Michele Bachmann Says Party Will Unify Behind Nominee

Rep. Michele Bachmann, R-Minn, is interviewed on "This Week."

Former presidential candidate Rep. Michele Bachmann, R-Minn., said she believes the Republican party will unify behind the eventual nominee, and does not believe they will be hampered by the ongoing primary fight.

"I think the quicker that the Republicans can unify behind our candidate and make Barack Obama and his failed policies the focus of this election, the better off we all will be, but the people need to decide," Bachmann told me on "This Week."

Bachmann has not endorsed a candidate, and did not say whether Rick Santorum or Newt Gingrich should end their challenge to front-runner Mitt Romney.

"Whoever the people choose, I will back that candidate, because I want mine not to be a divisive voice," Bachmann said. "I want to help unify the party and bring together the Tea Party element, the evangelical, and the establishment, and then reach out to independents and disaffected Democrats."

When asked if Santorum's continued challenge to Romney was in fact helping Obama, Bachmann referenced the highly-contested 2008 contest between Hilary Clinton and Barack Obama race, which lasted until June.

"We will unify. There's no question," Bachmann said. "Here it is, March, and we will unify, and I think long before the Democrats did in 2008."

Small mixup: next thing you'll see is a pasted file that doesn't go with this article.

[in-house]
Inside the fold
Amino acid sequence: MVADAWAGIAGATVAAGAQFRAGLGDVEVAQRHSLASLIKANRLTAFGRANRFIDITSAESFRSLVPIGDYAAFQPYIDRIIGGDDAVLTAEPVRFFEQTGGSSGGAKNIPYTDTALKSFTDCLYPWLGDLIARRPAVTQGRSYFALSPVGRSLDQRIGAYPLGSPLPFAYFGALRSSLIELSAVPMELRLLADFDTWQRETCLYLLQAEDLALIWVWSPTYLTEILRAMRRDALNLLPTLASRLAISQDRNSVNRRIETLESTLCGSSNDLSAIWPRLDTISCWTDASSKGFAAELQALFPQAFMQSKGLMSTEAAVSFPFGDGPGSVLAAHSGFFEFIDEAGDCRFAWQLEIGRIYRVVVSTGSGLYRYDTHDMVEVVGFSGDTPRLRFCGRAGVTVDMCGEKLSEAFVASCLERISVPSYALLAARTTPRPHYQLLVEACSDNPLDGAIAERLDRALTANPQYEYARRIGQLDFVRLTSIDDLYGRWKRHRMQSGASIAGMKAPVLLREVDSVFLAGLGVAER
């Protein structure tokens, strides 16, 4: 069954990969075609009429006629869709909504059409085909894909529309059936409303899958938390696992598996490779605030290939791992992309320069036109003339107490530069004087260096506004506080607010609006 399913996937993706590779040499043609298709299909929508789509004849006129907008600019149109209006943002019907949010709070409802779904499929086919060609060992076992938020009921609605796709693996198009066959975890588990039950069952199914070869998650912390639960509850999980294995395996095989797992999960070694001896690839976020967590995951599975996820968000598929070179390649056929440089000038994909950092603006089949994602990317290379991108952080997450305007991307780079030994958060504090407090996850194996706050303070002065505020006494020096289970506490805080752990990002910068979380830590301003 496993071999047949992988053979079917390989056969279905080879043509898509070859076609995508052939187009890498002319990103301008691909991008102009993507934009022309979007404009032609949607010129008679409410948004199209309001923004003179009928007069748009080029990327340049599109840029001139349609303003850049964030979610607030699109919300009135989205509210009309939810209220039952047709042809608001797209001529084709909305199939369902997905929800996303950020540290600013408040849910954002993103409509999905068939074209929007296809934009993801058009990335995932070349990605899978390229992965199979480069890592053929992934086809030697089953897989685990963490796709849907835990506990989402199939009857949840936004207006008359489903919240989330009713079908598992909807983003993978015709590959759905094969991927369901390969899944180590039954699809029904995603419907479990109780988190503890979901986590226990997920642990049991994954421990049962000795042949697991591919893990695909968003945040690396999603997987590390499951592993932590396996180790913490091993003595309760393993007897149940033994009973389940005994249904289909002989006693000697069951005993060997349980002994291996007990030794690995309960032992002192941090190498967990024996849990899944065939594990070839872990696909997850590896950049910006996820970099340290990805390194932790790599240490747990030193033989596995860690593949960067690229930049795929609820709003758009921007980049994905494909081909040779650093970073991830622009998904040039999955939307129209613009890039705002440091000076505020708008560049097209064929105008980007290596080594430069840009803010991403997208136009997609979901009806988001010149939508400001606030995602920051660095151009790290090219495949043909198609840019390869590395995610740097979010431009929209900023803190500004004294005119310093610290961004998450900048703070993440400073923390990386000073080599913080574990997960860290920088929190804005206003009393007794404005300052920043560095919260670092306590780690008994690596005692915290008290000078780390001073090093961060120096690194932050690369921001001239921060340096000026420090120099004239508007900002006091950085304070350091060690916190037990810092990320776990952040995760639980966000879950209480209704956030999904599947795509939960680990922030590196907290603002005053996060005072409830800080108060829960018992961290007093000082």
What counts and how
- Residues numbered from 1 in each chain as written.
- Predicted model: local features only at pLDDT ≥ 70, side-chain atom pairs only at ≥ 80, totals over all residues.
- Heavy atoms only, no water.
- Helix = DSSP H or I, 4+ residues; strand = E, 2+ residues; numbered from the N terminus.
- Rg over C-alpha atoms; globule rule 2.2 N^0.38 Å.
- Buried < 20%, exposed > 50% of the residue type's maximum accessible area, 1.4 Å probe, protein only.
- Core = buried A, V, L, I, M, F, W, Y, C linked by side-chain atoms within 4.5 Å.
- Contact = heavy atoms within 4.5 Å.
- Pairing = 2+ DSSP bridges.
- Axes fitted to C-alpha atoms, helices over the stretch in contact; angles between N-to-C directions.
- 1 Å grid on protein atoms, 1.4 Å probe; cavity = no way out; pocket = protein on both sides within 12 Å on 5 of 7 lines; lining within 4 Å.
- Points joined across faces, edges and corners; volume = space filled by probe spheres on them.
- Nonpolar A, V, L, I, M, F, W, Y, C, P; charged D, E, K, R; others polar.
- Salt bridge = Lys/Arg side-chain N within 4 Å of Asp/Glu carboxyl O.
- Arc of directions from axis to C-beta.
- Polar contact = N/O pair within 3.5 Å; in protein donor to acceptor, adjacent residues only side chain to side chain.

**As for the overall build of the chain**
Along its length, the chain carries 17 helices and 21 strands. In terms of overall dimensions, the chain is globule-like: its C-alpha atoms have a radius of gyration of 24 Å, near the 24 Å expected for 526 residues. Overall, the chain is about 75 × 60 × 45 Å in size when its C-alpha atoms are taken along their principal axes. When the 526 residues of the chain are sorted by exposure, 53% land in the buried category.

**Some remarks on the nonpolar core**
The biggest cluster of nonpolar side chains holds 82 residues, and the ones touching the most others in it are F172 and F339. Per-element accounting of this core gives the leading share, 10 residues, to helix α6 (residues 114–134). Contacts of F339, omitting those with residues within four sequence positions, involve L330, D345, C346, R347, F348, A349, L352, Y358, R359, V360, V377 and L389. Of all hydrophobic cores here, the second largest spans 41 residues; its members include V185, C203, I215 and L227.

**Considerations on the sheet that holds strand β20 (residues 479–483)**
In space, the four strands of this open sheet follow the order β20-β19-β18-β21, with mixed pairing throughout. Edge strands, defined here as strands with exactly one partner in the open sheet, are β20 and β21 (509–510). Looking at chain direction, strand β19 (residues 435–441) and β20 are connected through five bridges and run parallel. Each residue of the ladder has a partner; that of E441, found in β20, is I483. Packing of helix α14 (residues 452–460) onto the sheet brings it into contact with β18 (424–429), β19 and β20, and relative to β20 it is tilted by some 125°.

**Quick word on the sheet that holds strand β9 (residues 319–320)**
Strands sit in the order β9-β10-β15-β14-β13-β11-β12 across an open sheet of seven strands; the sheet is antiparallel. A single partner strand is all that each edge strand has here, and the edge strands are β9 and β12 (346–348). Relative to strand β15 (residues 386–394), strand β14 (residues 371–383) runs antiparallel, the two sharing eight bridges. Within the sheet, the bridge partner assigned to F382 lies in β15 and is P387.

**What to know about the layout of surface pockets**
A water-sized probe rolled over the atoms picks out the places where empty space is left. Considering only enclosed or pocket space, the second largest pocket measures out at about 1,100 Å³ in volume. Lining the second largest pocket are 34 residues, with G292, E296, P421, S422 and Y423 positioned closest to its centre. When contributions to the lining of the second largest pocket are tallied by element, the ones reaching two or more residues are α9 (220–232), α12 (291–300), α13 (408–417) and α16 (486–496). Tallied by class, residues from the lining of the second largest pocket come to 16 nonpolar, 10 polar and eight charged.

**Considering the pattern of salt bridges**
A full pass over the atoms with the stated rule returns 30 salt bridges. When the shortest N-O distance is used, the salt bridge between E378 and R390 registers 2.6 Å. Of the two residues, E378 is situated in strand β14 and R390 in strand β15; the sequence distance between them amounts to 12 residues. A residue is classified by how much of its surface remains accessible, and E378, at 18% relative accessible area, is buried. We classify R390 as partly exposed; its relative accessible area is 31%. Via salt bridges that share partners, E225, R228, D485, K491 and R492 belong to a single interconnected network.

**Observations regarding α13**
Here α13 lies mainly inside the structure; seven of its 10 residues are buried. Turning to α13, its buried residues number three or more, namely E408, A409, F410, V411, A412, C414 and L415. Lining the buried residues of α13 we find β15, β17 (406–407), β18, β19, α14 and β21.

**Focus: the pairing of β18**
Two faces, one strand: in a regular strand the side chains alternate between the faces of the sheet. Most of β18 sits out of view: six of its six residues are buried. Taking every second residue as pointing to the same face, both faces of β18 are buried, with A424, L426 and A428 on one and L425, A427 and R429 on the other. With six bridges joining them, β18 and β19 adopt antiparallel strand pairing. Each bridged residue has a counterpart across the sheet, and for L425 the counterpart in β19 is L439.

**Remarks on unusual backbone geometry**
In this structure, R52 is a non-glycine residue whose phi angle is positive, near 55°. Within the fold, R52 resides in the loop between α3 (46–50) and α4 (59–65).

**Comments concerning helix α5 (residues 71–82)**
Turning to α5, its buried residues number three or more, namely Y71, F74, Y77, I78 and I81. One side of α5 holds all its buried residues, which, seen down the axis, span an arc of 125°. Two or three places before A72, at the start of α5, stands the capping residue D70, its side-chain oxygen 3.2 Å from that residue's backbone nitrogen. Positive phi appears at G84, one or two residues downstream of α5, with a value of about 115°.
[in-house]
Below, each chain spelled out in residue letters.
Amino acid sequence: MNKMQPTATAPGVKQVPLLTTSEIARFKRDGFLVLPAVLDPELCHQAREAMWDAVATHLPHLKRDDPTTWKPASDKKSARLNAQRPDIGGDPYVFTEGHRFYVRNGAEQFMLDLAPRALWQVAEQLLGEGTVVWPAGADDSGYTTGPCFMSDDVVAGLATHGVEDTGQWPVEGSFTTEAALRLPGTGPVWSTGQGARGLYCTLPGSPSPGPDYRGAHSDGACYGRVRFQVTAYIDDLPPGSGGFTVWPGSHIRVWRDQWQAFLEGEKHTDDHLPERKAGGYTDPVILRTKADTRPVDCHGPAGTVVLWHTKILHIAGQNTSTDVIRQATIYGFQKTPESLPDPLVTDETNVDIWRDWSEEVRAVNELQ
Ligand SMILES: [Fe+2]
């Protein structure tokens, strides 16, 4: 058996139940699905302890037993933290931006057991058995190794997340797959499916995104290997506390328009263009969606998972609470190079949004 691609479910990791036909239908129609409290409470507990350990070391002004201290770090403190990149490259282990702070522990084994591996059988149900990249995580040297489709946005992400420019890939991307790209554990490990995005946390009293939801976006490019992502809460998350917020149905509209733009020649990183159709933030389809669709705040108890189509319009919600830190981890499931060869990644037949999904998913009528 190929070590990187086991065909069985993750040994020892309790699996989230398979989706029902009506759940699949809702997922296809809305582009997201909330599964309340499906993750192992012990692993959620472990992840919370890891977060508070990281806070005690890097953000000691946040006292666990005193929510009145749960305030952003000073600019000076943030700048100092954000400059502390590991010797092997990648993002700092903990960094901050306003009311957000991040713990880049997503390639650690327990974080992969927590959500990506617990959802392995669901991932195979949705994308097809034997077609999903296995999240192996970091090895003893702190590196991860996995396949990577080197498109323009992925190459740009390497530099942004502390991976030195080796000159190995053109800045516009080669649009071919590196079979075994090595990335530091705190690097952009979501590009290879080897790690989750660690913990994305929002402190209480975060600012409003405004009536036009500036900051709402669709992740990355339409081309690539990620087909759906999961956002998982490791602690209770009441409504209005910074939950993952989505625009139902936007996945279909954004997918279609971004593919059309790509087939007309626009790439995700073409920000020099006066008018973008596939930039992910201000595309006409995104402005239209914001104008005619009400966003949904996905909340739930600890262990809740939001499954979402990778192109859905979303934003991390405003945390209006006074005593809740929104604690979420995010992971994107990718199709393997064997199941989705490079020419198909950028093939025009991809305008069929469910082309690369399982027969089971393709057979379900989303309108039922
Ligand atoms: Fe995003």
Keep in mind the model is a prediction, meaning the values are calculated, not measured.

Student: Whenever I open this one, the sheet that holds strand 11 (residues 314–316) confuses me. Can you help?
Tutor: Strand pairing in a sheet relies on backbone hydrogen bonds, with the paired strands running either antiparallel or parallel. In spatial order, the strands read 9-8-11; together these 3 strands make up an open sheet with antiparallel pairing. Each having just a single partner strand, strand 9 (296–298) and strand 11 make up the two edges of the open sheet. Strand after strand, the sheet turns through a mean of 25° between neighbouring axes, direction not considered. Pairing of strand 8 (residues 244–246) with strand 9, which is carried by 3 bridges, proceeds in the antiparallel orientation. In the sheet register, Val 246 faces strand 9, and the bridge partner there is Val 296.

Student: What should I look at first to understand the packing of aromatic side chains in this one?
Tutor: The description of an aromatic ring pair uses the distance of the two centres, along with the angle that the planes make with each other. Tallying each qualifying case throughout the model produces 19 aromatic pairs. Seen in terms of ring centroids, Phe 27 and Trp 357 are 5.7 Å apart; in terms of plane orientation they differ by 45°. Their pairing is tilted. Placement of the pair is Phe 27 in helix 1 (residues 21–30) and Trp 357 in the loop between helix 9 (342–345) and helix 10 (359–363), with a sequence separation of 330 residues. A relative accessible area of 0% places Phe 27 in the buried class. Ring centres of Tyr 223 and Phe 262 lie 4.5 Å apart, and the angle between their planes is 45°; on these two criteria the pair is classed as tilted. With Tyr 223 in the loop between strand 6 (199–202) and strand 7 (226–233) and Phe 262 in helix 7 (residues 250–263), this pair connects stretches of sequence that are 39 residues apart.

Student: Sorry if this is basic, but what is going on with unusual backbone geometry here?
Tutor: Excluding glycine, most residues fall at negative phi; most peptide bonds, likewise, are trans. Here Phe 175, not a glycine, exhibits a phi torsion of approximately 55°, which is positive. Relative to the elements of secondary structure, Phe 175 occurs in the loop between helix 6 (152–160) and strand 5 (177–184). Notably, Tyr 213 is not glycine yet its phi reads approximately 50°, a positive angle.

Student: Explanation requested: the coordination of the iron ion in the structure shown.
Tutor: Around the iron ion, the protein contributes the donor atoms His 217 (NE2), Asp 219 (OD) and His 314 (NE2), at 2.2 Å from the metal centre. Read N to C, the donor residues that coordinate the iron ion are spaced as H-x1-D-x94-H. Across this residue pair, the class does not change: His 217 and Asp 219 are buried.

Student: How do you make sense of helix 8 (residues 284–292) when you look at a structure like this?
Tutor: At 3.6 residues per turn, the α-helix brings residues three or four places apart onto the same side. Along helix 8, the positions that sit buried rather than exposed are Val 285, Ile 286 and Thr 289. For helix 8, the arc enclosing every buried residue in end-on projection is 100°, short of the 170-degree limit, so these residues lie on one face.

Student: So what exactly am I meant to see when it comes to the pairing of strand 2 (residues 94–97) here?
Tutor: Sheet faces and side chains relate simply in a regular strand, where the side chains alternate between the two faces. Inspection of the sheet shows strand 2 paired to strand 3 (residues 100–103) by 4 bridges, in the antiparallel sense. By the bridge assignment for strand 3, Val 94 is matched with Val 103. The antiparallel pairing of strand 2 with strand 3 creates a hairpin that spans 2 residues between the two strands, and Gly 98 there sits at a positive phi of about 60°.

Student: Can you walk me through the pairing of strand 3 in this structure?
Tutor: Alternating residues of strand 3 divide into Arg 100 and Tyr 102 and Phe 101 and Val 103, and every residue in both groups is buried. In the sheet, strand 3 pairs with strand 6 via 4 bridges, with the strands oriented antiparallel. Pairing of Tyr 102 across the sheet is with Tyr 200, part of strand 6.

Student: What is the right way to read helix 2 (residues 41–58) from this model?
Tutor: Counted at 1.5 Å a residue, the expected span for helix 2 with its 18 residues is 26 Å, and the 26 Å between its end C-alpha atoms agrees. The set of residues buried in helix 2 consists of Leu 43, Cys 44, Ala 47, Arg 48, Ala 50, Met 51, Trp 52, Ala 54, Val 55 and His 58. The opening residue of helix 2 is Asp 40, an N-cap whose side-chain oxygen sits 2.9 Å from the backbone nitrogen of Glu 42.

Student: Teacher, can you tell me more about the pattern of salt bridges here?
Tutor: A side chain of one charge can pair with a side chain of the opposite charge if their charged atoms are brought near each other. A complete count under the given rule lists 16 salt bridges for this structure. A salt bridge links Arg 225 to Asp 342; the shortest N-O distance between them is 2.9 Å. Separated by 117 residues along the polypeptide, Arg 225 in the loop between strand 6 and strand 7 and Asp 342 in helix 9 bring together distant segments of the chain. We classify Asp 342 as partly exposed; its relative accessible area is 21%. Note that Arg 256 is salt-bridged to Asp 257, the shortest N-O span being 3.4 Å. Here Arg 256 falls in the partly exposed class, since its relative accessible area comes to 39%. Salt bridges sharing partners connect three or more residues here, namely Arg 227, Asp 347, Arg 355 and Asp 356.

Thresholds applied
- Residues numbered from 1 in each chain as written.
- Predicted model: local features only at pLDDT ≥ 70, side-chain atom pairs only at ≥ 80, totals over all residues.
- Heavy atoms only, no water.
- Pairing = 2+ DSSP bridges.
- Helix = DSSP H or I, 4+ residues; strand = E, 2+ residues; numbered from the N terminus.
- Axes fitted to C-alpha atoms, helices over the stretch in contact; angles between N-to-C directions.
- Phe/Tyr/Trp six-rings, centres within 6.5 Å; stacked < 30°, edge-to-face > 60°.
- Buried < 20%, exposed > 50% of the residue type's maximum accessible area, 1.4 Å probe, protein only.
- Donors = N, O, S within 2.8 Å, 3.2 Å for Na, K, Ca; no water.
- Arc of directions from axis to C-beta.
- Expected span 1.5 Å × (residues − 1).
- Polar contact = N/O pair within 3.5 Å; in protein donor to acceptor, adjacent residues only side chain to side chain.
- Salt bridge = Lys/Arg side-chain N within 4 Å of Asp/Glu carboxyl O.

Bachmann said she was not concerned about Romney adviser Eric Ferhnstrom's comment last week comparing the Romney campaign to an Etch A Sketch that will be reset for the general election, saying, "these kind of things are the minors that become majors, these statements."

Bachmann said that arguments over the president's health care law, which is being challenged in the Supreme Court this week, will instead be the main focus of the general election.

"The real issue that most Americans are concerned about is the constitutionality of the government forcing Americans to pay for a very expensive insurance policy," Bachmann said. "The people do not like this bill at all. They do not like the federal government forcing them to spend their money in a way that they don't want to spend it."

Bachmann said President Obama "can't even go before the public and defend" his signature legislation, citing that he did not "make a peep" on the two-year anniversary of the bill last week.

Bachmann added that she believes her own run for the nomination, where she emphasized her opposition to the health care law, helped shape the current GOP field's position.

"Now our nominees, all four of them or all four candidates, have just one answer, and that's full-scale repeal," Bachmann said. "That's 180 degrees different from President Obama, who fully stands behind this very unpopular bill. Whoever our nominee is, they will repeal Obamacare."